Bill O’Brien, week in and week out, talks about how special his senior class is.
From leadership to play on the field, the group has done everything the coach has asked, and it’s starting to pay off.
His Nittany Lions are 5-2 after reeling off five straight wins, the last three coming in conference play. The defense ranks second in the Big Ten in scoring and 13th nationally, while the offense has found a completely new and revitalized identity under the first-time head coach.
But still, Penn State players have been pegged as underdogs when it comes to end of the year awards.
Linebacker Michael Mauti has won two Big Ten Defensive Player of the Week awards and Gerald Hodges captured another. For his six tackle, two interception performance against Illinois, Mauti earned himself the Walter Camp Defensive Player of the Week award, given to the best player nationally for that week.
These two seniors have done enough to earn themselves weekly awards, but not enough to crack the 25-man quarterfinal list for the Lombardi Award, handed out to the nation’s top linebacker or defensive lineman at season’s end. Michigan State’s William Gholston, Ohio State’s Johnathon Hankins, Purdue’s Kawann Short and Wisconsin’s Chris Borland were the only Big Ten players to make the cut. None have won the award twice like Mauti, who has 65 tackles, 2.5 sacks and three interceptions this year. While O’Brien said he doesn’t understand the process of yearly awards, he questioned why some of his standout defensive players were left off the list.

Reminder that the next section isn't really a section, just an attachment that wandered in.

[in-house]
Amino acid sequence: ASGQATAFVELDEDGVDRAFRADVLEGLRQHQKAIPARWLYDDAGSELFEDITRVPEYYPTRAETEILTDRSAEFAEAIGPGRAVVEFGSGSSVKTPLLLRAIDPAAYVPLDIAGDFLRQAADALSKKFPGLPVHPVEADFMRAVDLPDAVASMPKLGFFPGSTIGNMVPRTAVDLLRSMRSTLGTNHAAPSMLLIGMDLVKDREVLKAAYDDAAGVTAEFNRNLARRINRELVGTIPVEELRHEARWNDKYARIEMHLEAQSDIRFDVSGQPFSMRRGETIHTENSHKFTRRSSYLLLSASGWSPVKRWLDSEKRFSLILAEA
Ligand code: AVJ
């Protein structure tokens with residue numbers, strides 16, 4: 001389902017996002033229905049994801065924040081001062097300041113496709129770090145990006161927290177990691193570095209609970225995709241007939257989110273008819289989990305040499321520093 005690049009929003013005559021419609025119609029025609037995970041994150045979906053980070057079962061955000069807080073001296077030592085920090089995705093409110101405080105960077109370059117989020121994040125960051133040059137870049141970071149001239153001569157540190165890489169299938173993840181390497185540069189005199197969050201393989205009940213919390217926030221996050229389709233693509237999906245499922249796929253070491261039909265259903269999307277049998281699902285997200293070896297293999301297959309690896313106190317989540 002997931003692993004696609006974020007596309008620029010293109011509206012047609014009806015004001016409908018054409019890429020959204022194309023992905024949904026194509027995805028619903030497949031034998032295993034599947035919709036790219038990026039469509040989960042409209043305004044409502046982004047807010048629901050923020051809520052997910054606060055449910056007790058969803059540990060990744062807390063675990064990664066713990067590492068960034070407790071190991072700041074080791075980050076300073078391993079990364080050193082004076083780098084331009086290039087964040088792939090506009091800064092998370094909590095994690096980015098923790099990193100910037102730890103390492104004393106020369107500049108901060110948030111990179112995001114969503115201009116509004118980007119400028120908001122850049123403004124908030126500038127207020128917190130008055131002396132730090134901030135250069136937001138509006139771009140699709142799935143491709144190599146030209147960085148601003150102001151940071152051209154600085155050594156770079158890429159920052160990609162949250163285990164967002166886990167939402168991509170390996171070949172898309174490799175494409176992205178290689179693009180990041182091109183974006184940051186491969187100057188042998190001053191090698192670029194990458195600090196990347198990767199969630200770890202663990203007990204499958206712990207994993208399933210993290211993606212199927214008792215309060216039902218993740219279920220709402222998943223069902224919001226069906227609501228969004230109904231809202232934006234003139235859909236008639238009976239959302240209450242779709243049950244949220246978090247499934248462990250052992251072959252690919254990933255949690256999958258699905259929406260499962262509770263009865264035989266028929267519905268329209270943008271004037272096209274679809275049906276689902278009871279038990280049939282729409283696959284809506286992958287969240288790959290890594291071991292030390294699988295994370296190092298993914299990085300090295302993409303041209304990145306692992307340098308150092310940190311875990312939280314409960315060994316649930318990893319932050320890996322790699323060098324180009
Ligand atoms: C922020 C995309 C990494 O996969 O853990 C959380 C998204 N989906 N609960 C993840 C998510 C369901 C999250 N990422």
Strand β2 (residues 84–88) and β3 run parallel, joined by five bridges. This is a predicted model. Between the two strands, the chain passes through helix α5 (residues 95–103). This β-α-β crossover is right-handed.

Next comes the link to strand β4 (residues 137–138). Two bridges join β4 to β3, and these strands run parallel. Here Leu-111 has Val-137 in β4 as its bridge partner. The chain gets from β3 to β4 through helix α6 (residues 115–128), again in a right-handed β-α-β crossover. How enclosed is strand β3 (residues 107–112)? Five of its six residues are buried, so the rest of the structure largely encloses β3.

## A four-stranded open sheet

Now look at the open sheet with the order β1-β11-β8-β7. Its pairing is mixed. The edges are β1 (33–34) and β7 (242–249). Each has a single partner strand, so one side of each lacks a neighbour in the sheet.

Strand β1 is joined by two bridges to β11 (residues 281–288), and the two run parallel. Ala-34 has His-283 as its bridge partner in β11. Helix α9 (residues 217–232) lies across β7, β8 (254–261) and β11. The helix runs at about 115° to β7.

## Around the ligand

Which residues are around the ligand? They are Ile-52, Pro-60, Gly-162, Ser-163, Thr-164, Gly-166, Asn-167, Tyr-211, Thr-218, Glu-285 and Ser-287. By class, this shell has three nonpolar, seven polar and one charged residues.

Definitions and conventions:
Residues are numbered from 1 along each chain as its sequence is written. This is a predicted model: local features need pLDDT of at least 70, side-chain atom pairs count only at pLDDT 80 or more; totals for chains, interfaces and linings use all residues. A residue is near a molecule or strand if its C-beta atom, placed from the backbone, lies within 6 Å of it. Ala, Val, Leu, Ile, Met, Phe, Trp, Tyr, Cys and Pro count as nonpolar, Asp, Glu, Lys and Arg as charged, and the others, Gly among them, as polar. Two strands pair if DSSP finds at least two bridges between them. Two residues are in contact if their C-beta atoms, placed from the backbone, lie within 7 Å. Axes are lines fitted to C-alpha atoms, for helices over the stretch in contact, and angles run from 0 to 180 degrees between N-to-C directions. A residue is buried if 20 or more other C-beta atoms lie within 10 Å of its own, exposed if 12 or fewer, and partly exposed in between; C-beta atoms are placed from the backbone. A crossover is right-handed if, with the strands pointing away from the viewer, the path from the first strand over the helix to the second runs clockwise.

“These are a bunch of competitive guys that love being around their team,” O’Brien said. “They’re team players. I’m sure that they would tell you, ‘We just want to win.’ ”
Mauti, however, has never been about the individual. When he and senior fullback Mike Zordich stood outside and pledged allegiance to the program after the NCAA hammered it with sanctions in July, Mauti was trying to hold a team together. The lack of Penn State on this list embodies what this group has been about all along.
“Penn State’s taken a lot of punches the last six months,” O’Brien said at Big Ten Football Media Days in July. “It’s time to punch back.”
Through seven games, that is exactly what Penn State has done. With media members calling for a sub-.500 season after the departures of guys like Silas Redd, Justin Brown and Anthony Fera, the Nittany Lions have been throwing haymakers for the last six weeks — just ask Iowa or Illinois.
Because of everything that has happened, it’s no longer about awards or individual accolades.
It’s no longer about a bowl game that, realistically, means nothing down the road.
For Mauti and his teammates, it’s about representing the program in its most trying time. It’s about embracing, then overcoming, that underdog mentality.
When all is said and done, Mauti will be remembered for his leadership this season, not his statistics. And he likely doesn’t have a problem with that. “If we’re proving anything, it’s the fact that Penn State is not going anywhere,” Mauti said after Saturday’s 38-14 win over Iowa. “You can do what you want to us, you can take away things from us, you can try to split us apart... it’s not going to happen.
Guys are here that care about the program, care about the university and care about each other.”